How Can I Prevent Low Blood Glucose
All people with diabetes:
- If you experience low blood glucose often, ask your doctor if setting a higher goal for your A1C level may be appropriate.
- Ask your doctor to look at the test results from your home blood glucose monitor. These results reveal how often you have low blood glucose and when these episodes occur. Your doctor will look for patterns to see if low glucose happens after exercise or at certain times of day, for example.
- If you’ve had low blood glucose in the past, consider wearing a medical alert bracelet so that others will know that you have diabetes in the event of an emergency.
- Keep a fast-acting carbohydrate in your bag, desk drawer, car and other places for easy access. Good options include hard candy, fruit juice or glucose paste or tablets, which can be purchased at most pharmacies.
- Ask your doctor for an emergency glucagon kit. This kit contains a fast- acting medication that can be injected in case of loss of consciousness because of low blood glucose. Keep one kit at home and one at work or school.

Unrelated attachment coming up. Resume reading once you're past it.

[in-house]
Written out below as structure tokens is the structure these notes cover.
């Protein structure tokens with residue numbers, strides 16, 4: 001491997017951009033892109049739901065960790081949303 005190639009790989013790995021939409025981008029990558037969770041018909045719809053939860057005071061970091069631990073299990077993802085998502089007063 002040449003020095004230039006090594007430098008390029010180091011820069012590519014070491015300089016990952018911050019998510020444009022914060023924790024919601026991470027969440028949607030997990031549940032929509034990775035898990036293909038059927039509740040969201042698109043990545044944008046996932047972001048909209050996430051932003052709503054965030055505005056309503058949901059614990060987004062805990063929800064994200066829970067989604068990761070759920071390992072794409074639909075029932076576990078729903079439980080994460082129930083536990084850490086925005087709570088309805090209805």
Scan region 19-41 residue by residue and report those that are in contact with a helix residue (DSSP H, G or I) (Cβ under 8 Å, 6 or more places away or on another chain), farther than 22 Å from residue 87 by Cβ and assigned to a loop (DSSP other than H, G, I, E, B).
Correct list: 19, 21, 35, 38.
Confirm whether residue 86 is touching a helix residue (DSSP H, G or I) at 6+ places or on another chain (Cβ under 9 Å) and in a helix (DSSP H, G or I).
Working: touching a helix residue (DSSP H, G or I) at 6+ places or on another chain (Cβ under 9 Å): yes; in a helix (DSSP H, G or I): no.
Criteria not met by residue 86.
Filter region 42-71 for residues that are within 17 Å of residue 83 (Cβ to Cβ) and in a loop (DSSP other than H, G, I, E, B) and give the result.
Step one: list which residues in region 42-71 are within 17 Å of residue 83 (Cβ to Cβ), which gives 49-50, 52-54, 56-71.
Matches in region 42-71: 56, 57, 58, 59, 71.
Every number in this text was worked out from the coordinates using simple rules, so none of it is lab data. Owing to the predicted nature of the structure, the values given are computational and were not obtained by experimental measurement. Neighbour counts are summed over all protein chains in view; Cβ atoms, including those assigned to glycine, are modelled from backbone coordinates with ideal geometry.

- Monitor your blood glucose regularly so that low levels can be corrected before symptoms progress.
S For Treating A Person With Symptoms Keeping Them From Being Able To Treat Themselves
Dont hesitate to call 911. If someone is unconscious and glucagon is not available or someone does not know how to use it, call 911 immediately.
- Inject insulin
- Provide food or fluids
Use The Right Antiperspirant
Antiperspirants can often reduce the amount of sweating you experience to the point where it is no longer bothersome. However, itâs important to understand that they only mask the problem. If you believe your sweating is related to diabetes, itâs a good idea to speak to a healthcare provider. Antiperspirant is an effective solution for hyperhidrosis and night sweating, but is unlikely to help with gustatory or facial sweating.
You can start with one of the âclinical strengthâ products offered over the counter at the drugstore. If this doesnât help, speak to your doctor, who may be able to offer an alternative.
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How Are Insulinomas Diagnosed
Insulinomas can be difficult to diagnose. The average time between the start of symptoms and a diagnosis is about 3 years.